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January 6, 2012

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Watchdog gives nuclear power stations ‘all-clear’ in stress tests

In a report submitted to the European Council, the Office for Nuclear Regulation (ONR) has concluded that there are no major weaknesses in the design and resilience of the UK’s nuclear power stations.

In March last year, in the wake of the Fukushima disaster in Japan, the European Council requested a targeted reassessment of safety at all European nuclear power plants, with a specific focus on the potential impact of extreme natural events on plant safety.

Licensees of the 33 operating or shutdown reactors in the UK within the scope of the reassessment programme have carried out the tests and the ONR has reviewed the results. Echoing the findings of a report published in October by HM Chief Inspector of Nuclear Installations Mike Weightman, the UK EC ‘stress test’ report confirms that the country’s sites have identified and made improvements to enhance safety by learning from events in Japan.

John Donald, a senior nuclear safety inspector at the ONR, said: “To date, no fundamental weaknesses in design and resilience have been identified at UK nuclear power plants, and lessons are being learnt from Fukushima to enhance safety, in line with our regulatory philosophy of continuous improvement.”

He continued: “Work is already under way to improve safety at UK sites, such as bolstering flood defences and enhancing coolant supplies. We have also asked licensees of UK nuclear power stations to consider resilience against events that have only remote chances of happening in the UK.”

Available on both the HSE’s ONR webpage and the European Nuclear Safety Regulators Group website, the UK report will now be peer-reviewed by other European regulators, in a process that will run until June.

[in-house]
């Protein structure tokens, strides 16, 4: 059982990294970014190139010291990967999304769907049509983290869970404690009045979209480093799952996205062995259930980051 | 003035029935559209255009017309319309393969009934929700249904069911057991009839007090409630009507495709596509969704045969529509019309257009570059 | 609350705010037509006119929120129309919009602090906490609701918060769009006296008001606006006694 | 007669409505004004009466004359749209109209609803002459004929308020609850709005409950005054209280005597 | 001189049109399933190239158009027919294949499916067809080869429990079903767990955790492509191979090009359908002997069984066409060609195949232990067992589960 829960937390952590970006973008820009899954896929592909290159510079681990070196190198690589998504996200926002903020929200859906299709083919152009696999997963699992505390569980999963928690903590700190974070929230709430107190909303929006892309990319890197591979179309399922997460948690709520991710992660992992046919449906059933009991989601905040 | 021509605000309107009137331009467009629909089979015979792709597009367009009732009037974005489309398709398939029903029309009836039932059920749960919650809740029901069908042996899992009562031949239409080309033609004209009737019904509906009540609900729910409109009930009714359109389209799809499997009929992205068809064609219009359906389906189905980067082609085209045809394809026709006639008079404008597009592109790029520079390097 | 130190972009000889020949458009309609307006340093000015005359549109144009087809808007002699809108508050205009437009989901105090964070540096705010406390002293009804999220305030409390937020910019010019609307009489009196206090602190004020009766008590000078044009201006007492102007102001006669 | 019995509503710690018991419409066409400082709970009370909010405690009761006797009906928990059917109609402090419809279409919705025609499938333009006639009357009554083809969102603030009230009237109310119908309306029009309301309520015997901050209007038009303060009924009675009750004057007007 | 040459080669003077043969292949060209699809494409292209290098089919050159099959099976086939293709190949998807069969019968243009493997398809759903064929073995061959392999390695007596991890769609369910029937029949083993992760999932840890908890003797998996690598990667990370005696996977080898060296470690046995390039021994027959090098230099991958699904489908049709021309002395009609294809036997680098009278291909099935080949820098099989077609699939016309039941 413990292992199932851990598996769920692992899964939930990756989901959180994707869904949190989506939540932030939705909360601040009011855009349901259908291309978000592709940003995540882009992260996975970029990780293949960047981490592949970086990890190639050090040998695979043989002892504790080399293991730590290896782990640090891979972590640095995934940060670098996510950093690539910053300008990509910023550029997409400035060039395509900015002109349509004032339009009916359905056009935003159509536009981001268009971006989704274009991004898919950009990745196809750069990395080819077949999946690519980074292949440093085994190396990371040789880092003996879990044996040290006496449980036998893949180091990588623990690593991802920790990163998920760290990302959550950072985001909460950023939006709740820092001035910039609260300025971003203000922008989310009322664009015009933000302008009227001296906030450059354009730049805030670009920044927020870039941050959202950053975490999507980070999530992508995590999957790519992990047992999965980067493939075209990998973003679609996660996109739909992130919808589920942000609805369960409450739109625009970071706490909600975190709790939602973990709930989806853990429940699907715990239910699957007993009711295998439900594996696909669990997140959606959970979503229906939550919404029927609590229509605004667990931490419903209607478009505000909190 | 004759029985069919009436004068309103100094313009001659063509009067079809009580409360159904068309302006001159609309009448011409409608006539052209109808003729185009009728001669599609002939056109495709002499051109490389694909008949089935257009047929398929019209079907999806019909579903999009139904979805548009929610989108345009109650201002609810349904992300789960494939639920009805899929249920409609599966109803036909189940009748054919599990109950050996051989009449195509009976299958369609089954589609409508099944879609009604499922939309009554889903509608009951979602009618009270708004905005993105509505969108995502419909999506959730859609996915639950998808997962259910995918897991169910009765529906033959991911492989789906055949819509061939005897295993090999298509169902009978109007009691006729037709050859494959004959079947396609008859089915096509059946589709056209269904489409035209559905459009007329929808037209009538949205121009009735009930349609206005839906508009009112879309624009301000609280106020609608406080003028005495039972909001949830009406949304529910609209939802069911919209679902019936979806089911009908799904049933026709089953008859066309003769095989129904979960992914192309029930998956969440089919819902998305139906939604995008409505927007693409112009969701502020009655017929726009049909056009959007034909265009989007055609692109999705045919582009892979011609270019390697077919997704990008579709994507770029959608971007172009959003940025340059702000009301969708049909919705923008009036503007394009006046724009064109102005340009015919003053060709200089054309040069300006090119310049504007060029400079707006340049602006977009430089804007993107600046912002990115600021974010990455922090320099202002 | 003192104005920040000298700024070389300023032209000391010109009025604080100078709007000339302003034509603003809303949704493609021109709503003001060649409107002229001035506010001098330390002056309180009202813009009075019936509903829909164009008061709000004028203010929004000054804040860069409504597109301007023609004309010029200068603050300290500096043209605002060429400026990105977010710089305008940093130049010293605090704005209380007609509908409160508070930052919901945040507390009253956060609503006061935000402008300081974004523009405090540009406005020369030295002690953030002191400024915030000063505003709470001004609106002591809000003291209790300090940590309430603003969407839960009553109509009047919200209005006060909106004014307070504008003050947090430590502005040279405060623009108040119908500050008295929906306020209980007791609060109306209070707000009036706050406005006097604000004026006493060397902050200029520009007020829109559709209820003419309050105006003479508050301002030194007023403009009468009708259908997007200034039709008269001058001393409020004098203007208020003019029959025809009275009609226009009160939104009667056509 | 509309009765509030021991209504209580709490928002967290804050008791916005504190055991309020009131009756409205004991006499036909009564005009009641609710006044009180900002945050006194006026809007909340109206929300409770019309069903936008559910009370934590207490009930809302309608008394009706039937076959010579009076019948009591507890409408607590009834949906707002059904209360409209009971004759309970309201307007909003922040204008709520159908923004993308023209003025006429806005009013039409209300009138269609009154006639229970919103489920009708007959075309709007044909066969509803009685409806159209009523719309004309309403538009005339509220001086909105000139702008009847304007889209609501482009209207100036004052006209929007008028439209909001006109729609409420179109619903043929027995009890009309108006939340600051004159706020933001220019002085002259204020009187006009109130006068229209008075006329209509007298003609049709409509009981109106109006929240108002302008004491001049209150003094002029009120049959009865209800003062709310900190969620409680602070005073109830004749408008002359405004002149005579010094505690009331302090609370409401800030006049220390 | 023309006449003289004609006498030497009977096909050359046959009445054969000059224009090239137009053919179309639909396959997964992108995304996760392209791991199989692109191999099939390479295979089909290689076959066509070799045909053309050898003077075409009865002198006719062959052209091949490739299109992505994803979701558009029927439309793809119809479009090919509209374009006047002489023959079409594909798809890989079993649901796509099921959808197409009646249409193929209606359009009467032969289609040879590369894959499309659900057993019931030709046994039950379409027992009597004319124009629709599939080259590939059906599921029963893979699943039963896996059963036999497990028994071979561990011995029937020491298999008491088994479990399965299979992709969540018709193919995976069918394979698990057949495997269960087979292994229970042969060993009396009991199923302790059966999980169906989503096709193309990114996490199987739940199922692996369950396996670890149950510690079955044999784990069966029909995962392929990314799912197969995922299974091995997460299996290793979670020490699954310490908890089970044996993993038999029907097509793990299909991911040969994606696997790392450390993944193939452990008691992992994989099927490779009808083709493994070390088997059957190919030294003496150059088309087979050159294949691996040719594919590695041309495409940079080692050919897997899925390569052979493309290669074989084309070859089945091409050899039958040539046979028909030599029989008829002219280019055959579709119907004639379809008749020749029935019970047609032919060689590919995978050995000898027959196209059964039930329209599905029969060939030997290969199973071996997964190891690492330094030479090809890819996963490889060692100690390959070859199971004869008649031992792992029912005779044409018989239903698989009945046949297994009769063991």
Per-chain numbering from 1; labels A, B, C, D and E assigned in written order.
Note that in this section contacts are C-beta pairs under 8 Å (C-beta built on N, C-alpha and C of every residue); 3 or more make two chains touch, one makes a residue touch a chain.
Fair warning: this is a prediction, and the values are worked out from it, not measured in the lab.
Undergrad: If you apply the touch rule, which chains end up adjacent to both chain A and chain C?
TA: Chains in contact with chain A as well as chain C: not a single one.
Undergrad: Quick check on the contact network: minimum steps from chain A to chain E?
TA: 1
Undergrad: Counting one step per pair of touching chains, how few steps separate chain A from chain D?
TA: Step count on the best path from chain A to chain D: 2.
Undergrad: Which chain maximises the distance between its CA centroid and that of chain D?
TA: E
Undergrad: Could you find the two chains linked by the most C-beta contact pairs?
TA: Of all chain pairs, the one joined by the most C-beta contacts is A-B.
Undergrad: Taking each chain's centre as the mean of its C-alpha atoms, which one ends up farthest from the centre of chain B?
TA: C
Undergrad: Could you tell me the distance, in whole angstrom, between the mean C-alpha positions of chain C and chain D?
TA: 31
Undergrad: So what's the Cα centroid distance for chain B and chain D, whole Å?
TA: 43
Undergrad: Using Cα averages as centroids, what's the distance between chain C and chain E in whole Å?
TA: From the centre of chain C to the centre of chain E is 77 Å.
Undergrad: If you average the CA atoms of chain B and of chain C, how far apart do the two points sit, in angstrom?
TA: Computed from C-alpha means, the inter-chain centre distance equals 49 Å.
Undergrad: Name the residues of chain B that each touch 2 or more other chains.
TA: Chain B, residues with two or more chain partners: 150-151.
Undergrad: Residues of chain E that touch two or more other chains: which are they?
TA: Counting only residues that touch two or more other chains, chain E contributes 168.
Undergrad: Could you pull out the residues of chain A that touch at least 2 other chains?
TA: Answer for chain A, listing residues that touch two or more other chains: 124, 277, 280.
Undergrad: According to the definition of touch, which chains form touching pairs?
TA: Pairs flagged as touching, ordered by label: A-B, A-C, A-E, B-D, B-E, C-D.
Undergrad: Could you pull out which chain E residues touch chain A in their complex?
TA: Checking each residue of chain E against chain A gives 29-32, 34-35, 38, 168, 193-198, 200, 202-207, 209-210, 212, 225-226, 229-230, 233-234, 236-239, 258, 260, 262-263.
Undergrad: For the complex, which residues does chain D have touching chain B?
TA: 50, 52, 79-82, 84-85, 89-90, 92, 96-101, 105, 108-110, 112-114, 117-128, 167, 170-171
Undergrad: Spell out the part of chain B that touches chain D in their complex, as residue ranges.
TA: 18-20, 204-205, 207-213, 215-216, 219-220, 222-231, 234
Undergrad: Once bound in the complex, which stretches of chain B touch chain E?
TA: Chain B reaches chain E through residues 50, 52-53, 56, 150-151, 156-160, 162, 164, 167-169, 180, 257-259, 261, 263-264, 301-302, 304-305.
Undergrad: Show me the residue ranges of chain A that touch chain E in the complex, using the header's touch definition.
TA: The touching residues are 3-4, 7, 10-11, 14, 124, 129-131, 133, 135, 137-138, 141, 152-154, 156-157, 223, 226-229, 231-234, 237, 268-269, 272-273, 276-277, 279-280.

Meanwhile, having conducted equivalent stress tests of nuclear power plants in France, the French Nuclear Safety Authority (ASN) said the continued operation of its nuclear power plants “requires an increase in their robustness to extreme situations beyond their existing safety margins, as soon as possible”.

Along with measures such as the creation, by the end of 2014, of a ‘nuclear rapid response force’, comprising specialist crews able to assume control of a site affected by an accident and deploy additional emergency-response resources within 24 hours, the ASN has stressed the importance of social, organisational and human safety factors.

Head of the ASN André-Claude Lacoste said: “We must beware not to give in to the easy temptation to only consider nuclear safety as simply a collection of technical measures. Nuclear safety relies fundamentally on people. Renewal of licensee staff and skills is essential for safety.”

Individual country reports can be found at

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12 years ago

If this is a “clean bill of health” then I would like to see a report on a “sick” industry. The report demands changes to 19 nuclear power stations which will cost around £10 billion and which even then may not allow the safe shut down of a PWR. If the full costs of nuclear were to e charged to the operator, including waste management, decommissioning and insurance liability, then nuclear would be far too costly to consider and we would be moving towards a more sustainable energy system.